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Caster Semenya considered boycott, says she’s blocked from Rabat meet

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Caster Semenya said she has been denied entry into Sunday’s Diamond League meet in Rabat, Morocco, even though she is eligible to race her preferred distances while a Swiss supreme court decides on her appeal against the IAAF’s new rules for female events.

Semenya also said she considered boycotting racing the 800m unless the rule is lifted for all affected runners.

“I am a woman, but the IAAF has again tried to stop me from running the way I was born,” Semenya said in the release. “The IAAF questions my sex, causes me great pain and required me to take hormonal drugs that made me feel constantly sick and unable to focus for many years. No other woman should be forced to go through this in order to have the same right that all women have – to do what we love and run the way we were born.”

The two-time Olympic 800m champion’s team said she was told Tuesday that the president of the Moroccan track and field federation denied her from entering the 800m in Sunday’s meet.

“Caster is currently seeking clarity on the specific reasons for that decision, and she urges the IAAF to ensure its member federations comply with the law and the Supreme Court’s orders,” according to a press release.

The given media contact for the Rabat meet did not respond to an email last week asking if Semenya would be invited to race after the Swiss court made her eligible for the time being to race her best events — from the 400m through the mile. The same contact did not respond to a follow-up email Thursday afternoon following Semenya’s press release.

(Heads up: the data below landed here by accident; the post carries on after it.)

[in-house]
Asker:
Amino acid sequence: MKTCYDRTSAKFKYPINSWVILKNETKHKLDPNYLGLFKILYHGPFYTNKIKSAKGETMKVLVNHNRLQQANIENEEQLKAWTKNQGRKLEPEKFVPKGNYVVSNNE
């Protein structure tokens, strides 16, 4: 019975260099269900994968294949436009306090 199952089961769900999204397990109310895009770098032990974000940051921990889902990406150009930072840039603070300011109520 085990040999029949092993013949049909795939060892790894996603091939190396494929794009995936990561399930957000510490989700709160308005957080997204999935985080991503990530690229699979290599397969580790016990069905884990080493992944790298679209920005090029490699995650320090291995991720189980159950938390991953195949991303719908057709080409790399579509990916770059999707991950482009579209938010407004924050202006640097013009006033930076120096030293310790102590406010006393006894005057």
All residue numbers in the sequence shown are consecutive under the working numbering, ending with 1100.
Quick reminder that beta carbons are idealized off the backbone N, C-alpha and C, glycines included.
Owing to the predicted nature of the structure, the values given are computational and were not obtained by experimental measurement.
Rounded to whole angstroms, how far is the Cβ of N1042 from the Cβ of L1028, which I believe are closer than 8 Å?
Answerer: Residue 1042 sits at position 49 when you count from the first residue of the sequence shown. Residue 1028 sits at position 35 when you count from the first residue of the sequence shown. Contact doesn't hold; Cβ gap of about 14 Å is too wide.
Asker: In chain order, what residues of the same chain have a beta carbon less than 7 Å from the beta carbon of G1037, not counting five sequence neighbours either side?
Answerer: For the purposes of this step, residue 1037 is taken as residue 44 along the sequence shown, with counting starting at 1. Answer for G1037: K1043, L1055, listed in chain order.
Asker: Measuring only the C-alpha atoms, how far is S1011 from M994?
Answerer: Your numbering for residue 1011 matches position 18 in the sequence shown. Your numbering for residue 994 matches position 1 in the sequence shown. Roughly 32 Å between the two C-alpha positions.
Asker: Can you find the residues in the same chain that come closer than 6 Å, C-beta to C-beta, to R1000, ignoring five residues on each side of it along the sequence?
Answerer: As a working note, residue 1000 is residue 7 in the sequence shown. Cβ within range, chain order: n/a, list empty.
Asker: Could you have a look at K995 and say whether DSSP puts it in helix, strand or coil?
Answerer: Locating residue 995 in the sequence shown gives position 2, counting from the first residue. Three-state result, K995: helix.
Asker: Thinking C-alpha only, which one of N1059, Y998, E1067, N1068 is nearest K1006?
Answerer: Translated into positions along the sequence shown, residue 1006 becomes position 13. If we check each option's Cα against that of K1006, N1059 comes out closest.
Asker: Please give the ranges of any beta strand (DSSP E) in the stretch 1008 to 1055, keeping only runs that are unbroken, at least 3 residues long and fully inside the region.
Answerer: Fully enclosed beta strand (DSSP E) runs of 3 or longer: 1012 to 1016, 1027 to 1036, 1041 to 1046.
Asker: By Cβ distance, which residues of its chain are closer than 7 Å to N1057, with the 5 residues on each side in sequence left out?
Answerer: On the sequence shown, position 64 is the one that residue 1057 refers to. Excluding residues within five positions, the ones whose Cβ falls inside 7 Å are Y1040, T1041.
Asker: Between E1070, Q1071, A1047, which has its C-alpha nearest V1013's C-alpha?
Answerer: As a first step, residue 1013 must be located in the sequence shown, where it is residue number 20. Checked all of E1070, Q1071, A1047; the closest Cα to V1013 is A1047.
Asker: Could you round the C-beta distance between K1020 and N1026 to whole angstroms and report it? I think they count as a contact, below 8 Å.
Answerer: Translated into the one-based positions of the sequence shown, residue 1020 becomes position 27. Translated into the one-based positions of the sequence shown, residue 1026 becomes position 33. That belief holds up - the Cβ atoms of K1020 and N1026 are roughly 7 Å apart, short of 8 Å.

Later, on Friday, the meet announced it has invited Semenya into the meet. Semenya’s agent said it was too late for her to be able to travel to Morocco to compete, according to Reuters.

“It should be noted that the Diamond League meetings are not organized by the IAAF,” the IAAF said in a statement later Thursday. “Entry for any athlete into a Diamond League meeting is by invitation only from the meeting organizer.”

Semenya’s team also said the Swiss court denied an IAAF request to reimpose the regulations. The IAAF said it “continues to comply with” the Swiss court order to suspend the testosterone rule, strictly for Semenya.

“No woman should be subjected to these rules,” Semenya said in the release. “I thought hard about not running the 800m in solidarity unless all women can run free. But I will run now to show the IAAF that they cannot drug us.”

Semenya is also seeking to change her event at the Pre Classic on June 30 from the 3000m to the 800m, according to the release.

“As one of the premier track and field meets in the World, the Prefontaine Classic always strives to have the top athletes in attendance,” a meet spokesperson said when asked if Semenya will be allowed in the 800m. “If an athlete has a time/mark that is among the best in the World and is eligible in the eyes of the sports’ governing bodies, then yes, they will be considered for an invite to the Prefontaine Classic.”

MORE: Caster Semenya to IAAF: Focus on dopers, not us

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Kelly Slater has an Olympic decision to make

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Surfing icon Kelly Slater is in great position to qualify for his sport’s Olympic debut in 2020, but he’s undecided about making a required event appearance this summer to stay eligible.

The top two U.S. male surfers in this season’s World Surf League final standings are in line to qualify for the Olympics.

Slater, a 47-year-old, 11-time world champion, is ranked third among Americans through six of 11 events, but the No. 2, two-time world champion John John Florence, is likely out for the rest of the season after an ACL tear.

If Slater keeps up his current pace of results, he will pass Florence’s point total by the end of the season in December.

“It appears as though I have to make a decision [on the Olympics] sooner than that,” Slater said after being eliminated from South Africa’s J-Bay Open in ninth place on Wednesday. “I’ve really got to figure out all the factors around that and make a decision in the next few weeks.”